Legobot 3D Printer Built Almost Exclusively Out of LEGO Bricks

A lot of people want a 3D printer, but can’t afford one, despite the fact that these have become rather affordable recently. One of them decided to make one from the things he had at hand: LEGO bricks.

Matthew Krueger, who goes by the name Matstermind on Instructables, is an engineering student who has been wanting a Makerbot Replicator 3D printer for quite some time now. Unlike some crowdfunded 3D printers that will be available for $395 when the mass production starts, the Makerbot is a tad more expensive (and by that I mean that the second generation costs $2,199). Legobot, the 3D printer he created out of LEGO bricks, is based on the first Makerbot Replicator, which was launched in January 2012.

Unlike many other 3D printers that use plastic for making various objects, Legobot take a different, and probably more affordable approach. The objects that come out of this printer are made using hot glue, so the results are not exactly spectacular and the Legobot can be furthermore improved, as Matthew admitted: “While it does print, I would call this more of a prototype than a finished project.”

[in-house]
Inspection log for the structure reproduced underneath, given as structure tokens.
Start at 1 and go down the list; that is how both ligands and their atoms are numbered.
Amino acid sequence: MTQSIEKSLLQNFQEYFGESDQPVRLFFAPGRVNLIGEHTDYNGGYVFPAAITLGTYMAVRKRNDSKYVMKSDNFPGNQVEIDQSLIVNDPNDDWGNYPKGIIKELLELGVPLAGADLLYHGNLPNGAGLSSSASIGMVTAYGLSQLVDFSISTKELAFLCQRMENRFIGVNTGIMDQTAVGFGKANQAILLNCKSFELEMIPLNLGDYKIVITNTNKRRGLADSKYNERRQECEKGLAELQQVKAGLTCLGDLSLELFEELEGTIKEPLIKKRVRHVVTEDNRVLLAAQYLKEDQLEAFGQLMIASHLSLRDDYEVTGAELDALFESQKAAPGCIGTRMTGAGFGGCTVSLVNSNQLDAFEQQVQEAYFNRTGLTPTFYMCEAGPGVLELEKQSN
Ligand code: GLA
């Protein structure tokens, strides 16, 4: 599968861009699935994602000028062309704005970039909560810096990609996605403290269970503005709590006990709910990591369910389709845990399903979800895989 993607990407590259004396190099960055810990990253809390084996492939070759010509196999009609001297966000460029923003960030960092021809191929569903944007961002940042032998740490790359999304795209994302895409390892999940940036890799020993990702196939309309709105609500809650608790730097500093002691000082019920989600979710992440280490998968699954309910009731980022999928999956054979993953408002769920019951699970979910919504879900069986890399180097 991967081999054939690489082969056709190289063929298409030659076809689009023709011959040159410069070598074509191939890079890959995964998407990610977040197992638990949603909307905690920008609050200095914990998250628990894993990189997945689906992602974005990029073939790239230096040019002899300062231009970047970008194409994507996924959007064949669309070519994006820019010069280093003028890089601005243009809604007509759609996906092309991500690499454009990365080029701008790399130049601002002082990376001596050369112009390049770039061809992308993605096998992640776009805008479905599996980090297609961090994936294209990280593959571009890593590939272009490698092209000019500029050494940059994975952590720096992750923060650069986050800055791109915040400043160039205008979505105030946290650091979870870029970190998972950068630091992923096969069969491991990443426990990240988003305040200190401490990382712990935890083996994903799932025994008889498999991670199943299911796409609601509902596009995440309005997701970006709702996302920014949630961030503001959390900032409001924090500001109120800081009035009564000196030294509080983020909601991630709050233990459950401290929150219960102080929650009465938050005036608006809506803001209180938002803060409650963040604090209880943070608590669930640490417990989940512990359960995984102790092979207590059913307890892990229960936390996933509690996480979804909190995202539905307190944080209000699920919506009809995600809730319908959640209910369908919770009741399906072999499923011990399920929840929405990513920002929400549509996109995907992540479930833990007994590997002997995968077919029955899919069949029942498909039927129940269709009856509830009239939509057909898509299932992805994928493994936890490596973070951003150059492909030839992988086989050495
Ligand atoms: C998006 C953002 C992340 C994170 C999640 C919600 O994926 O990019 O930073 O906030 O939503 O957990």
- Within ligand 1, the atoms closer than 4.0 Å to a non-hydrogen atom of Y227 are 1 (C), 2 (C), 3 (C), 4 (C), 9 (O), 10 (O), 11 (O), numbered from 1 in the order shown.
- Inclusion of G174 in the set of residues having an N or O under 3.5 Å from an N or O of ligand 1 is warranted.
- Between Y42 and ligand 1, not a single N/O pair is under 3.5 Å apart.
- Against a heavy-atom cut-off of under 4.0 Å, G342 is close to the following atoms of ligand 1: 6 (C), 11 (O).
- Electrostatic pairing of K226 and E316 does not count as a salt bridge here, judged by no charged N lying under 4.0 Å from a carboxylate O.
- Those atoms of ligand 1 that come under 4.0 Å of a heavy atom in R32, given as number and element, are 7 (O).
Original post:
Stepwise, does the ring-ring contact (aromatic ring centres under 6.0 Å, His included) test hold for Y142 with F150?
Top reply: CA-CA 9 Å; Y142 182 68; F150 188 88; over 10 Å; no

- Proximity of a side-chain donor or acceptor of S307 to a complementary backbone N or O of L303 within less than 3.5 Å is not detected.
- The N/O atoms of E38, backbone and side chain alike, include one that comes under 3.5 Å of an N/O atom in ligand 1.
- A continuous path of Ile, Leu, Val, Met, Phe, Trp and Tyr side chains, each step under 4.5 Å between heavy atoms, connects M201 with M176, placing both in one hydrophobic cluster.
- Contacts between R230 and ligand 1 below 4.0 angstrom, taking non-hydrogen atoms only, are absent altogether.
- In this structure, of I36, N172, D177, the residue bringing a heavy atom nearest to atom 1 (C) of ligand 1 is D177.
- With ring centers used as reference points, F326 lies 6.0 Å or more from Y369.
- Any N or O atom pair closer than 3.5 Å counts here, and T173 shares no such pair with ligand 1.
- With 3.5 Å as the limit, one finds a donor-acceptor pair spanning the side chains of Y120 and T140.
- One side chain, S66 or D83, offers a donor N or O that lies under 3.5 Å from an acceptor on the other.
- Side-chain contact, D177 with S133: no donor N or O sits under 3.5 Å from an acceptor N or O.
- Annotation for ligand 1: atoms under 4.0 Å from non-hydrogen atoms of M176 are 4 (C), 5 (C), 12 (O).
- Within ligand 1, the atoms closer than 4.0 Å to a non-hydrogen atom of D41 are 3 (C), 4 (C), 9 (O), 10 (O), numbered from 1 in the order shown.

A LEGO Mindstorms NXT brick was used for driving the printer. On top of that, the power were supplied in four different voltages, as follows:

  • 3 volts for the extruder motor
  • 7.2 volts for the NXT brick
  • 12 volts for the fan
  • 115 volts for the hot glue gun

Matthew asked a friend to 3D print the rack, and apart from that, only a few coins were used for balancing the motor. Aside from the components mentioned above, the entire Legobot was made from LEGO bricks, which is very impressive.

If you happen to have a lot of LEGO bricks handy, you might want to give this project a try, too. Matthew was kind enough to post the guide on how to build the Legobot on Instructables, so that anyone wanting a rudimentary 3D printer can build one from scratch.

It’s not printing accuracy that makes this project worth writing about, but the ingeniousness some people are capable of. Matthew will surely get far if he has started creating such things at such an age. What can the rest of us learn from all this? If you can’t afford something, build it yourself! You’d be a lot happier this way, knowing that you did it yourself.

If you liked this post, please check this 3D printed TARDIS Transformer and the bio-inspired Robugtix 3D-printed octopod robot.